After dinner, ‘I get the kids bathed, I tuck them in and read to them for another 45 minutes and then I get my wife and we go to bed at 8.15 so I can get up at 4am again.’

Read more Mark Wahlberg had a ‘responsibility’ while making Deepwater Horizon

Do he and Durham ever have a night off? ‘We just went to Pelican Hill [a Southern California luxury golf resort] for three days and spent a little alone time.’ Just the two of them? ‘Well, no, I had my trainer come down and meet me there,’ he grins. ‘And I brought all my own food with me…’

Given the contrast between his own impoverished upbringing, it must be challenging not to spoil his children. ‘You know it’s funny, where else but in America can you turn your life around in one generation, going from nothing to worrying about your kids being too spoiled? But they see where I’ve come from and they’re pretty grounded.’ His daughter recently asked him to take her to a basketball game on the other side of the States. ‘I said: “We’re going to watch it on TV in the kitchen.”’

There’s a reward system for good behaviour: the Wahlberg kids are allowed to pick a treat ‘out of the hat if they get a great report from school. They’re well-behaved, but my youngest son is like me, he’s feisty and always having to compete with his brothers and his older sister.’ Are his kids religious? ‘I don’t want to force them, I just know that they see how important it is to me and how much I get out of it.’

Indeed, his parenting philosophy has clearly been informed by his own past: ‘I want them to learn that if you’re good and you do good, then good things happen and if you lie or you get in trouble and try to cover it up with a lie, there’s a snowball effect… you have to be responsible, talk nice, be kind to each other, clean up behind yourself.’

So far he hasn’t discussed his own chequered history with them. ‘When they get a little older, I’ll tell them where I’ve come from and what I’ve had to do to overcome some pretty big odds.’ It’s for his kids that he takes roles such as that in the blockbuster Transformers franchise in which he plays single father and struggling inventor Cade Yeager. ‘I like to make a movie every once in a while that [they] can watch.’


For Deepwater Horizon, at the instructions of director Peter Berg (Wahlberg’s frequent collaborator, with whom he filmed the 2013 Afghan war movie, Lone Survivor), he gained 20lb — a stone and a half — in a matter of weeks. ‘It really came down to eating as much as possible in Louisiana where we were filming, I went from 180lbs to 212lbs eating a lot of fried foods and drinking a lot of wine and beer, which was fun for two weeks, then it became uncomfortable. I never thought I would have to sit down to put my socks on.’

Then, needing to shed the weight rapidly for another project, he ‘spent from August until December training like a crazy person for 100 days straight with a strict diet — no drinking, no pasta, no bread.’ Patriots Day, also directed by Berg, required him to bulk up all over again. Isn’t it unhealthy? ‘If you’re going for extreme weight loss, then you do it under the watchful eye of a doctor and nutritionist.’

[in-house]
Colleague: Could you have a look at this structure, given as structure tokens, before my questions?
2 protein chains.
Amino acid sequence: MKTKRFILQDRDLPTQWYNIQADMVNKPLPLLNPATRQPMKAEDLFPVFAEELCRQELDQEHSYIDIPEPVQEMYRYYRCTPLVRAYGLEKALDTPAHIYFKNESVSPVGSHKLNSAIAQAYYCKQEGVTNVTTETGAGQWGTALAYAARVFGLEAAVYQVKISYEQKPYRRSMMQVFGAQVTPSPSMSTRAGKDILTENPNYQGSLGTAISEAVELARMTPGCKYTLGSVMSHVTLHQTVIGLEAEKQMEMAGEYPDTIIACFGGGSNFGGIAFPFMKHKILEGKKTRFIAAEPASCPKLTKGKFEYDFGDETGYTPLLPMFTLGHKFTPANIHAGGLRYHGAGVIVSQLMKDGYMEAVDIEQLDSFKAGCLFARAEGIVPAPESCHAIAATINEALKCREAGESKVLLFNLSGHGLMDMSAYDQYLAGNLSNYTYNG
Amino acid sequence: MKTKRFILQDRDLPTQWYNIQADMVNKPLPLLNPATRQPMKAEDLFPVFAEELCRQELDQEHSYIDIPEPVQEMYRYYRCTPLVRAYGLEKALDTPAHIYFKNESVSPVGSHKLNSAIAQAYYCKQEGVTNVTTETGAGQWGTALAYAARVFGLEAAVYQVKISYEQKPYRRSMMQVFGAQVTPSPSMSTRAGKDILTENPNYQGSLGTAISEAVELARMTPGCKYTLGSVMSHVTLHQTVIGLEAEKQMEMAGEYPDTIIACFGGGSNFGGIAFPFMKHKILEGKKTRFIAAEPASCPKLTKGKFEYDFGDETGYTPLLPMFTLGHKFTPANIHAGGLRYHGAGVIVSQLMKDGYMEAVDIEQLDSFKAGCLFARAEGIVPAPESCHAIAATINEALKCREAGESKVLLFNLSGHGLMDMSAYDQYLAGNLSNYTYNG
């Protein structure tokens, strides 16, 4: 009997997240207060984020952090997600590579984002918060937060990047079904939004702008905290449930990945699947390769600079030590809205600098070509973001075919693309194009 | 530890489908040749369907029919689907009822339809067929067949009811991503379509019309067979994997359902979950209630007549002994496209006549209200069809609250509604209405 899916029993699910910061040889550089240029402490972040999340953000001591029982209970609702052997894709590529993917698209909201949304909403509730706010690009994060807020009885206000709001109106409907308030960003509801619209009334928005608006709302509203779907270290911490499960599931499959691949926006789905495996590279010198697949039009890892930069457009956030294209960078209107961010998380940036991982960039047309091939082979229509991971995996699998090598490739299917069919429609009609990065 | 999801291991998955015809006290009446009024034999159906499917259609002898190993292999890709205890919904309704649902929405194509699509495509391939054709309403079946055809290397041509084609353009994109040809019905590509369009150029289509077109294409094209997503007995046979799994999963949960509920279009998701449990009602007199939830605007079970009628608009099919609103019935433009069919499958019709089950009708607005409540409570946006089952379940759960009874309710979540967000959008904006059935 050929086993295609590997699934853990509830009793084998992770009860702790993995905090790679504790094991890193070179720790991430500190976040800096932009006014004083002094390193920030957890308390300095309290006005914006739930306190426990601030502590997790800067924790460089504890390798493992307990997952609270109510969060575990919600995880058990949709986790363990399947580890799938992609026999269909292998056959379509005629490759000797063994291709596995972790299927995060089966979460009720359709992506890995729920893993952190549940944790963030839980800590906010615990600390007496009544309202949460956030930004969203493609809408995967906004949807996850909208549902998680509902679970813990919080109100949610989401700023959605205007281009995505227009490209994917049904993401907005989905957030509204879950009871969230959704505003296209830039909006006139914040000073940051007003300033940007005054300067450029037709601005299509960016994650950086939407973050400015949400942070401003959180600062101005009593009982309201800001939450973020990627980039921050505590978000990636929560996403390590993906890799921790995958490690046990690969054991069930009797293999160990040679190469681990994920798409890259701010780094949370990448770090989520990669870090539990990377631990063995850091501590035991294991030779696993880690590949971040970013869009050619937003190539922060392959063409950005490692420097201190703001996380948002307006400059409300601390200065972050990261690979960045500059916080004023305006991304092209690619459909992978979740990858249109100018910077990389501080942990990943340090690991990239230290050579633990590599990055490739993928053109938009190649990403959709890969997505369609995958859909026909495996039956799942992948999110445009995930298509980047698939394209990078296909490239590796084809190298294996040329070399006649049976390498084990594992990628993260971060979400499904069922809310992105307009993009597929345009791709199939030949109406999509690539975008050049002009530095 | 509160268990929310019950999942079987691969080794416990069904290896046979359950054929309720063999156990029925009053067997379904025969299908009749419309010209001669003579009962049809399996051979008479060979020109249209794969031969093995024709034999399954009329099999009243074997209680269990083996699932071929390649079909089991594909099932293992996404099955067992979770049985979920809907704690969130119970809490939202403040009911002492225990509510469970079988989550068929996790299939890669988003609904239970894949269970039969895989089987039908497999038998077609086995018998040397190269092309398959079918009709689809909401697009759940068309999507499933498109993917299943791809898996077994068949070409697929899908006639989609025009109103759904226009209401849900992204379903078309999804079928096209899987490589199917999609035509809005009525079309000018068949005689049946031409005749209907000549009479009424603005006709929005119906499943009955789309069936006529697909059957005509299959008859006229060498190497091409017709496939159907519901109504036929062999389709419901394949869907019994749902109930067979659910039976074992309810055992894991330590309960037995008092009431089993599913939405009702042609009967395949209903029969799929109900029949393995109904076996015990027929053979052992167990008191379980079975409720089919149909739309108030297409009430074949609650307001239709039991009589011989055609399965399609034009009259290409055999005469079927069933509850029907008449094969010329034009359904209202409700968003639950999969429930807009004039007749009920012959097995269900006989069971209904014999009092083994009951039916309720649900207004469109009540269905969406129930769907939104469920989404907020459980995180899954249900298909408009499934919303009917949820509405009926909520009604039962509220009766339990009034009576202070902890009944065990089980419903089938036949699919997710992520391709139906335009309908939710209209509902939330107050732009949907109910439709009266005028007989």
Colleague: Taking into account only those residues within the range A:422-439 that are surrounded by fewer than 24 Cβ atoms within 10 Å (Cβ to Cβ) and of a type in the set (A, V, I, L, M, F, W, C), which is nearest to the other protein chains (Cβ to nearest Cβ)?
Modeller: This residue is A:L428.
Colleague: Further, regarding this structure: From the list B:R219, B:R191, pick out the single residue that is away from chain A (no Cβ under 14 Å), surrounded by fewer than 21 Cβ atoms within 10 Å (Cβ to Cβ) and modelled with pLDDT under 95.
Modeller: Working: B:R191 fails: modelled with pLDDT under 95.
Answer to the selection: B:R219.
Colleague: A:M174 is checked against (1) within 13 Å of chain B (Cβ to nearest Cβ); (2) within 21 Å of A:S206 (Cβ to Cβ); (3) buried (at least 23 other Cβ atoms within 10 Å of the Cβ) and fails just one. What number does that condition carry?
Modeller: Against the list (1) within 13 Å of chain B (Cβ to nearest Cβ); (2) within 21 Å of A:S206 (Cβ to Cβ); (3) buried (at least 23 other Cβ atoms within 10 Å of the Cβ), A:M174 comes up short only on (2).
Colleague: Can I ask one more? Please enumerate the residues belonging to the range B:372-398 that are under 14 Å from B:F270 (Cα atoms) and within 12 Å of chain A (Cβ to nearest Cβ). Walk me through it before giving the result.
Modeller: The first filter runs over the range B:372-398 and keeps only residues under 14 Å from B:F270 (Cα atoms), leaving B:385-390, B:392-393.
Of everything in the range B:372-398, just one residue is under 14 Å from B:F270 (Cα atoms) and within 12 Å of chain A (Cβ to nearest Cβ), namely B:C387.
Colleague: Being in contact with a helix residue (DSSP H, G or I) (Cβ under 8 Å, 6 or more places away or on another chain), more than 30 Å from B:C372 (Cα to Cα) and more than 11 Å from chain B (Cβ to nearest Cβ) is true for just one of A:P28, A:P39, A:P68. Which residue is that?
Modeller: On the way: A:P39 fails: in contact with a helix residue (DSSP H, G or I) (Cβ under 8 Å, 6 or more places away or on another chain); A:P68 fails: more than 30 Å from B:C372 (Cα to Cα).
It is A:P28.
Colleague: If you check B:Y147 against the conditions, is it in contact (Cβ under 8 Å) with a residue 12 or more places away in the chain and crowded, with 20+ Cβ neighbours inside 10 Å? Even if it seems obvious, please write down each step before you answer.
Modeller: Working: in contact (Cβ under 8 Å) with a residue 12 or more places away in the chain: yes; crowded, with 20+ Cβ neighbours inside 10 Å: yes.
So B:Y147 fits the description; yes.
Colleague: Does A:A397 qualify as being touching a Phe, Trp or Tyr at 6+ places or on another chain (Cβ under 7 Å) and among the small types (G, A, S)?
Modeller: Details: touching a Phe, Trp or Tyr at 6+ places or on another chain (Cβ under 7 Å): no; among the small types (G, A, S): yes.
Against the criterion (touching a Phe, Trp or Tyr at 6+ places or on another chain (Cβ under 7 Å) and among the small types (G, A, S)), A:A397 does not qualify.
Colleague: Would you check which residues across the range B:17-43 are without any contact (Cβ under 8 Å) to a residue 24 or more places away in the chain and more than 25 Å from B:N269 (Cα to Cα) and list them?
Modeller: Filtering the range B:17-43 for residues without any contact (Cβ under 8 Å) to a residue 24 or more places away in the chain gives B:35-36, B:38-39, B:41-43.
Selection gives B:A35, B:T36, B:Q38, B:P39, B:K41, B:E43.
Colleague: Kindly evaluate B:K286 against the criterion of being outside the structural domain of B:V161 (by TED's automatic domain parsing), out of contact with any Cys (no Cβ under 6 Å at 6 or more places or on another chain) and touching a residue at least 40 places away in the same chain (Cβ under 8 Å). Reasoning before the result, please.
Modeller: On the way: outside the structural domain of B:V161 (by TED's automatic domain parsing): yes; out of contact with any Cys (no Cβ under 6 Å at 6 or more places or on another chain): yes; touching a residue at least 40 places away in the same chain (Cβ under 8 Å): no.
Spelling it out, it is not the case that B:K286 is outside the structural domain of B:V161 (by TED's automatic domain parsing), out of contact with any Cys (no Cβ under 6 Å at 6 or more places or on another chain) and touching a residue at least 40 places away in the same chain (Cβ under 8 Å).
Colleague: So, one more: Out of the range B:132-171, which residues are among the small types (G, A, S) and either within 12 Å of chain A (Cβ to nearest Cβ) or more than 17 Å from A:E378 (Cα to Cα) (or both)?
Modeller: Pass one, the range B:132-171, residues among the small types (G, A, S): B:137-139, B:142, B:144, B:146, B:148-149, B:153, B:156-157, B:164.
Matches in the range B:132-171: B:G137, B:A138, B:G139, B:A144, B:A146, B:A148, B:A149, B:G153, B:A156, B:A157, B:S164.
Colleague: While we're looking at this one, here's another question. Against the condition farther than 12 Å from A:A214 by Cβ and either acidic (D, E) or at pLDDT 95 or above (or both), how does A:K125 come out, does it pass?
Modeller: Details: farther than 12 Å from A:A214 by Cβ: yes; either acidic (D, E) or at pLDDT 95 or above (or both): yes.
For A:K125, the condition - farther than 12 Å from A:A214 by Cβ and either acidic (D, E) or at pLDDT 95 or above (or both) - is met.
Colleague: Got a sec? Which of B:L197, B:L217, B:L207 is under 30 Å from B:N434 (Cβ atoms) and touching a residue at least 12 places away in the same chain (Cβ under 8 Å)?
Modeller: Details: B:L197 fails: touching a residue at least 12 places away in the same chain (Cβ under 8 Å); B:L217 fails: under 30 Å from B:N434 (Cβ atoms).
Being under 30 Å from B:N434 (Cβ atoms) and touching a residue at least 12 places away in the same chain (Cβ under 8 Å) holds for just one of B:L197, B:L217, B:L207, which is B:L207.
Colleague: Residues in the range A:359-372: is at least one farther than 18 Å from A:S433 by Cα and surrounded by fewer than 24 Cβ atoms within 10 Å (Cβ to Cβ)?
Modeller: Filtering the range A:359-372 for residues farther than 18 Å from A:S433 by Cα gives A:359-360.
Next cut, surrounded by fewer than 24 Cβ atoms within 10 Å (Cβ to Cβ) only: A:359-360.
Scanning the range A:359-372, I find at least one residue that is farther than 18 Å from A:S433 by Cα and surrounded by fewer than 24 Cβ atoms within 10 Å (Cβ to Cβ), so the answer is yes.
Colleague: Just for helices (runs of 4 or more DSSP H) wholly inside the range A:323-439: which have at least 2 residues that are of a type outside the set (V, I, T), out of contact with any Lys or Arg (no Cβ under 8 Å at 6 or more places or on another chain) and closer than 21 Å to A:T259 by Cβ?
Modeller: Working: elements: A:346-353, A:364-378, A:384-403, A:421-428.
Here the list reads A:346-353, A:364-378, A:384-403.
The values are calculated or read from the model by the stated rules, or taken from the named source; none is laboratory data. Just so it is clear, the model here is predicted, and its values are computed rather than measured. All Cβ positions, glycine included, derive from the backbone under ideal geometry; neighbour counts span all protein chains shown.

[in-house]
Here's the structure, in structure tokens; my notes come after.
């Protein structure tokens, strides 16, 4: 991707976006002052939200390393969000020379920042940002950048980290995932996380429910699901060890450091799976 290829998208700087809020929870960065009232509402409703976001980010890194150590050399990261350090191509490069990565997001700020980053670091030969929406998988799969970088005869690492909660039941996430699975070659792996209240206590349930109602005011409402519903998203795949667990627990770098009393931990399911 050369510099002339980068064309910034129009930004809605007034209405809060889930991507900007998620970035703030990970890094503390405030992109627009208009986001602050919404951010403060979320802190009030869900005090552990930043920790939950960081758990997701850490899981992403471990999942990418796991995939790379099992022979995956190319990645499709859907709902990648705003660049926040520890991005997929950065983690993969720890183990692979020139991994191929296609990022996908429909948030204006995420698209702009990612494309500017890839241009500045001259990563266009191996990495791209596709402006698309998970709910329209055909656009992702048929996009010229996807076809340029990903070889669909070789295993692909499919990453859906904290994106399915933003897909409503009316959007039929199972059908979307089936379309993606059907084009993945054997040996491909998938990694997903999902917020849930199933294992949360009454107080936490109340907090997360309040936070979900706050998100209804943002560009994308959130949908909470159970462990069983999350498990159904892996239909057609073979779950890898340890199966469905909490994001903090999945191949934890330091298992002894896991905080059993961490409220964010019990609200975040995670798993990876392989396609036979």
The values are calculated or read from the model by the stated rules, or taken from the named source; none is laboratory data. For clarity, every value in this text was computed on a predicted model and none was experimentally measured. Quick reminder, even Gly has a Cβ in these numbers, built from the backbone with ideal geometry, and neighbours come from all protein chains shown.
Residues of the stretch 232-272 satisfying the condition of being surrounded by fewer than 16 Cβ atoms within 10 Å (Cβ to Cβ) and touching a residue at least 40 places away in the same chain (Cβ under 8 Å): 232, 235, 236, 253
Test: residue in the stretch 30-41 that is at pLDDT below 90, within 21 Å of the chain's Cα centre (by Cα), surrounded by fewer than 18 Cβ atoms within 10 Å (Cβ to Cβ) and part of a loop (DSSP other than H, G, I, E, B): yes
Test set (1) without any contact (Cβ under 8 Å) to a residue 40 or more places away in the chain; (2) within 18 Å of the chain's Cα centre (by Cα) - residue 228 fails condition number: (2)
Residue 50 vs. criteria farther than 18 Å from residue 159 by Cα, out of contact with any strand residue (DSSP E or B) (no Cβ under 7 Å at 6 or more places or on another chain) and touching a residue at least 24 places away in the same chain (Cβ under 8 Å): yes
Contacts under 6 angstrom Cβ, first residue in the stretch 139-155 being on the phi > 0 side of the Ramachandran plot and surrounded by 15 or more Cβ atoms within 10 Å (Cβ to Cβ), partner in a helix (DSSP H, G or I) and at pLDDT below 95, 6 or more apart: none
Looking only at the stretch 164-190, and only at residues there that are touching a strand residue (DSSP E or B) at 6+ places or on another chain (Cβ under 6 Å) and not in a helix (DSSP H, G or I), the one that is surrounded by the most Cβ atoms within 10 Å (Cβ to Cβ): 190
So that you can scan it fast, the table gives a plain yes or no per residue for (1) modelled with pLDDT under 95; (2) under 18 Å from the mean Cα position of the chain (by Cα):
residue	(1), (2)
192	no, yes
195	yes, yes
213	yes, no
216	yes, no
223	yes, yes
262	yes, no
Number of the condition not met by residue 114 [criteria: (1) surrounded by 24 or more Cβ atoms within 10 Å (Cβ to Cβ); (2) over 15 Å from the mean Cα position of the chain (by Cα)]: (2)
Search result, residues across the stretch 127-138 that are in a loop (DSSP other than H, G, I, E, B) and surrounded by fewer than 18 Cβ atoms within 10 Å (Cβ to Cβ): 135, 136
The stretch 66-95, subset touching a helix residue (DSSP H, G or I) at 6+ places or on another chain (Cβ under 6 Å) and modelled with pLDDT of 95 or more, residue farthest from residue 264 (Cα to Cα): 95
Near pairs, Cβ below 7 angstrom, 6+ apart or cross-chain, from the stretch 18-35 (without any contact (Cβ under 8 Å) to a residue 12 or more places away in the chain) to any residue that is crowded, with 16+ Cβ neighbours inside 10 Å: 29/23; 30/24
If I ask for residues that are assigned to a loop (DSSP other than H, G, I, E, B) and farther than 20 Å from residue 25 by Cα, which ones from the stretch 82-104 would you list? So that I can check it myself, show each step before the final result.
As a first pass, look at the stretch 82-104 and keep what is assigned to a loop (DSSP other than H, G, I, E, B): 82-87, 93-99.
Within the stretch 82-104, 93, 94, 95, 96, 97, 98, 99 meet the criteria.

Despite more than two decades in Hollywood, he still considers himself ‘a Boston boy’: ‘It’s where I was born and raised. I have a huge appreciation for Los Angeles, it’s beautiful,’ he gestures to the window, looking out onto the sedate, Beverly Hills street. ‘I’m a fan of this sunshine and the palm trees but hopefully, if things don’t go well here, I can still go back to Boston and be welcomed with open arms.’ Returning to film Patriots Day was emotional: ‘Everybody knows somebody who was directly affected, and it was tough.

It was in my own backyard.’ There were concerns about grieving families seeing their story on screen just three-and-a-half years after the tragedy, in which three people died and hundreds were injured. ‘Everybody said: “Oh God, it’s too soon.”’ But Wahlberg argues that in the light of recent terrorist attacks, making the film was valid. ‘Look what happened in Brussels, in Turkey, in Paris.’


One of the highlights of filming Deepwater Horizon, meanwhile, was meeting the real-life Williams. ‘I said: “Mike do you have a problem reliving all this?” He goes: “Dude, I lived it for real, what’s a couple of fake bombs, Hollywood make-up and blood going to do?”’

Our interview almost over, I ask Wahlberg what he likes about the UK — a few days later he will head across the Atlantic to film Transformers. He tells me he loves London, has plans to expand his restaurant empire here, loves filming in the English countryside, and playing golf.

He also likes the people — one person in particular. Liam, his driver on the set of the last Transformers: Age of Extinction film, has become a close friend. Recently, Liam enjoyed a golfing holiday in the States, courtesy of his movie-star mate.

‘I called him and said: “Dude, come to Pebble Beach (in Northern California) with me to play golf.” He thought I was just saying it! Anyway, his wife gave him permission, he flew down and stayed at my house; we played golf here and then we went up to Monterey and played golf at Pebble Beach and Spyglass — all these great courses — and we had a blast.’

After chauffeuring the actor throughout the Transformers shoot, ‘we’re going to St Andrew’s to play more golf, I can’t wait.’ Life sounds good, I say. ‘Listen I can’t complain — I’ve had to work hard to get to do something that I love… and they haven’t told me to get out of town yet.’